Friday, 2 August 2013

Two cheers for Utopia

One day last week, reviews of the Five Leaves Utopia issue of our annual journal turned up in Anarchist Studies and the Communist Party's Communist Review. I imagine it would be hard to find two journals further apart but still on the left. Communist Review (CR) is still debating what went wrong in the former Soviet Union (though it has a good poetry section) while Anarchist Studies' (AS lead article is "Toward a Peak Everything Postanarchism and Technology Evaluation Schema for Communities in Crisis". Yes, it can be that kind of academic journal. Both took Utopia seriously, devoting a lot of space to it.
AS would perhaps be expected to review favourably as many of the writers - as the CR was quick to pick up - were from a libertarian background and the reviewer Diogo Duarte finds that many of the shorter pieces "written like chronicles, often starting from personal experience or a biographical episode of the author that could be as different as a coastal walk... a journey to Patagonia" which "offer us uncommon approaches to the topic or reflections on how utopia can be found in banal actions or habits" are the most entertaining reads but at the same time "utopia is used in such a broad way that it becomes impossible to discern what the criterion was behind the inclusion of the text." As editor of the work, I am not sure what my criterion was either, so the point was fairly made. I suppose that I wanted exactly that - well written pieces including those AS described as having "historical depth" as well as the more personal approach.
Over at CR Steve Johnson finds the book very readable and you can tell in his review that he found the book a pleasurable read, yet noticed that what was not on offer was any idea or strategy on how to reach utopia. I'm still looking for those. Steve also cleverly picks up that much of the utopian language of the libertarian left has been picked up by the right "with its talk of free schools and alternative education" suggesting that "anti-statism without a wider political strategy can have deeply reactionary consequences. Big Society anyone?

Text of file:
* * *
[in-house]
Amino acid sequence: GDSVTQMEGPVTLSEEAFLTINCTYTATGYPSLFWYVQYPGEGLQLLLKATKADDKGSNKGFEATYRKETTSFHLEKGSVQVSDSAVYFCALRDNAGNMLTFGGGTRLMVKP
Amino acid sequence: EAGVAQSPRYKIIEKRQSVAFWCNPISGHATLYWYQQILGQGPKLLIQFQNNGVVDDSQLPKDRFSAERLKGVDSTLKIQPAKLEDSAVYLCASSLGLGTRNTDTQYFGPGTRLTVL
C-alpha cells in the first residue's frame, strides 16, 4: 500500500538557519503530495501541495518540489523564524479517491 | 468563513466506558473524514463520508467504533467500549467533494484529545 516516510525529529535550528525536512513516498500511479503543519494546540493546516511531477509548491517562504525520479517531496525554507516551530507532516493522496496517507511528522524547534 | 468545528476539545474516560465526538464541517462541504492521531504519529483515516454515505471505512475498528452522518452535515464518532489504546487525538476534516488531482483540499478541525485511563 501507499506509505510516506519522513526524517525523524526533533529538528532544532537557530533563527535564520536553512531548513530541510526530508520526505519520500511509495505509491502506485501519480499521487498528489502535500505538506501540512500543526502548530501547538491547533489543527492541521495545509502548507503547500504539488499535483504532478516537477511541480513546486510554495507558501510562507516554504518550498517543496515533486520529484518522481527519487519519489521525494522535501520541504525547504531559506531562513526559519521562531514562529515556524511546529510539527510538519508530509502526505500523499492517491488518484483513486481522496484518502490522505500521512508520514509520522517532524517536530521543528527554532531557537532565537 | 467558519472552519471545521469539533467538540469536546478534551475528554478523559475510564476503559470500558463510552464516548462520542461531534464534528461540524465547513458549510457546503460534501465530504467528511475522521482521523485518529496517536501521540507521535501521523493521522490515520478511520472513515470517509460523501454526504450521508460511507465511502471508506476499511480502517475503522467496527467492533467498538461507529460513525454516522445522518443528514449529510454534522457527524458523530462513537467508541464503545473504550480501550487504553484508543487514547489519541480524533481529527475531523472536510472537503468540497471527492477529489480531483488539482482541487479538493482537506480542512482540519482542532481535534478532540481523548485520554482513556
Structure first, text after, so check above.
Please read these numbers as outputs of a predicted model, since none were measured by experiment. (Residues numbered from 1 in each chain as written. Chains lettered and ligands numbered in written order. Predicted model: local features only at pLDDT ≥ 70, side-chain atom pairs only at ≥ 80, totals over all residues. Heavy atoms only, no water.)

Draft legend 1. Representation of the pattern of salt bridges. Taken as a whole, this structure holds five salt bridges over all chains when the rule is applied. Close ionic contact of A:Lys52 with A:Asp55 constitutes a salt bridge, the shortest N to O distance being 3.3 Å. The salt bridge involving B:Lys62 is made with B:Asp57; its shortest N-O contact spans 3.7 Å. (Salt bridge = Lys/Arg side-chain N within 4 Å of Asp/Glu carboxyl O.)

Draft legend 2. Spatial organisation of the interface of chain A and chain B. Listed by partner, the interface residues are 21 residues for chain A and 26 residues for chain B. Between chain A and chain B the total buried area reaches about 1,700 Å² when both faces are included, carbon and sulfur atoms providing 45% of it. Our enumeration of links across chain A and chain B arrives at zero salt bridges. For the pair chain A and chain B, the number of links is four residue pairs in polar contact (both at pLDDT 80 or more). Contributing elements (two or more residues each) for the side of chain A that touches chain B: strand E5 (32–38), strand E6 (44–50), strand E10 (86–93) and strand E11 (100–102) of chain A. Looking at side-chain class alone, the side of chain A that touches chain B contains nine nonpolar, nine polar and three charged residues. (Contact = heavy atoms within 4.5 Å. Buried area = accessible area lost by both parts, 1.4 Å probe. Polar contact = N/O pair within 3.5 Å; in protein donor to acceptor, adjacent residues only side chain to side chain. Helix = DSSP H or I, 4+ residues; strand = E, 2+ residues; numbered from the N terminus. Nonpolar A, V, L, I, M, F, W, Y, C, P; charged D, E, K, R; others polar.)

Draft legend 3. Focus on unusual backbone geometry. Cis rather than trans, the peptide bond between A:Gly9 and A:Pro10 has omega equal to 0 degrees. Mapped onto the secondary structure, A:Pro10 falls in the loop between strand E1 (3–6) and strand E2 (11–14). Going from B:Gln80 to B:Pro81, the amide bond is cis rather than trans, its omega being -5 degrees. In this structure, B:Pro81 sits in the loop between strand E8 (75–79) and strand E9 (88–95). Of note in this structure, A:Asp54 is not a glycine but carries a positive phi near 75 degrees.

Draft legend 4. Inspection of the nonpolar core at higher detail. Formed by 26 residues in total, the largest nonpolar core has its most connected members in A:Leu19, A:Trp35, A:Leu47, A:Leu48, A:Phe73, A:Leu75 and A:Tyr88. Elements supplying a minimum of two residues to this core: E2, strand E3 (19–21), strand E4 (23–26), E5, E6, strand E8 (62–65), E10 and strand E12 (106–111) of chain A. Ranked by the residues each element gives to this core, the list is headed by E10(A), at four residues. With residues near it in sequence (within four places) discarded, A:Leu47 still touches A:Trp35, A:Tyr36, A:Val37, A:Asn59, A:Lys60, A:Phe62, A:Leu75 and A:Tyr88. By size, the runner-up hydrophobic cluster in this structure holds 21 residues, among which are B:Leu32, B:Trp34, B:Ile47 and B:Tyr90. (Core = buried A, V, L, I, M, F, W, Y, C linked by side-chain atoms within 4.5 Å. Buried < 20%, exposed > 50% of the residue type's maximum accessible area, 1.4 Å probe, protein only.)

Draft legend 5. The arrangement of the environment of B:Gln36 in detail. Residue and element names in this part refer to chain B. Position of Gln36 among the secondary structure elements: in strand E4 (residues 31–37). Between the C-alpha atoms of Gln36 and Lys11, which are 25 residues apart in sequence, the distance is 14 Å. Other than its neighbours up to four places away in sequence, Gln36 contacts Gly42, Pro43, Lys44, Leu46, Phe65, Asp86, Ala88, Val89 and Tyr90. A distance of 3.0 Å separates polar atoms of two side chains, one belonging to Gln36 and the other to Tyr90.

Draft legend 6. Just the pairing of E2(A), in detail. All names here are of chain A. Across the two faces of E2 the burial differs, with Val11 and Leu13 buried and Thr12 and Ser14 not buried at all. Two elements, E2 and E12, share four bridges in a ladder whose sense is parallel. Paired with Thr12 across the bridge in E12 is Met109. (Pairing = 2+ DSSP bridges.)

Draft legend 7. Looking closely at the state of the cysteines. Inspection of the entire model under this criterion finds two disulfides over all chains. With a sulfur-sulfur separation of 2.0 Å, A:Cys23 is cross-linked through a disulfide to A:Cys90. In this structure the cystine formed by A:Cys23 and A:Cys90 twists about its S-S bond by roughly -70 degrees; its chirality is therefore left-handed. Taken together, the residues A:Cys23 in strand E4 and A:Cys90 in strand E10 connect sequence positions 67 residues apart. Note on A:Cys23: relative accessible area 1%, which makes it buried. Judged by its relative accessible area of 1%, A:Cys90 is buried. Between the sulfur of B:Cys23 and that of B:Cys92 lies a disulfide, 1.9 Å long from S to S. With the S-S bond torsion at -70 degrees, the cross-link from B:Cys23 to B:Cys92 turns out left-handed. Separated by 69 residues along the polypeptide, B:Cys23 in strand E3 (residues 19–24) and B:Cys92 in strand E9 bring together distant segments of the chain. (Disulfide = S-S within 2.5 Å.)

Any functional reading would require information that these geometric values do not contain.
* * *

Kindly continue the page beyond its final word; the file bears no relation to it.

As editor, the pieces that bookended Utopia were, for me, the most important. The first was by Mike Marqusee (a Marxist), a piece which AS described as making "a short but strong claim on the importance of utopian thought and the consequences of its absence". The last was the picture, reprinted here from the (Marxist) Country Standard where, prefiguring the work of the anarchist illustrator Cliff Harper's famous sequence of illustrations in Undercurrents and elsewhere (which should have been included in the journal!), the unknown illustrator imagines how we will live in a better society. Good to see the reading room there.
Does this mean that there is more in common between anarchist academics and members of the Communist Party than we thought? Maybe. Just don't mention Kronstadt.

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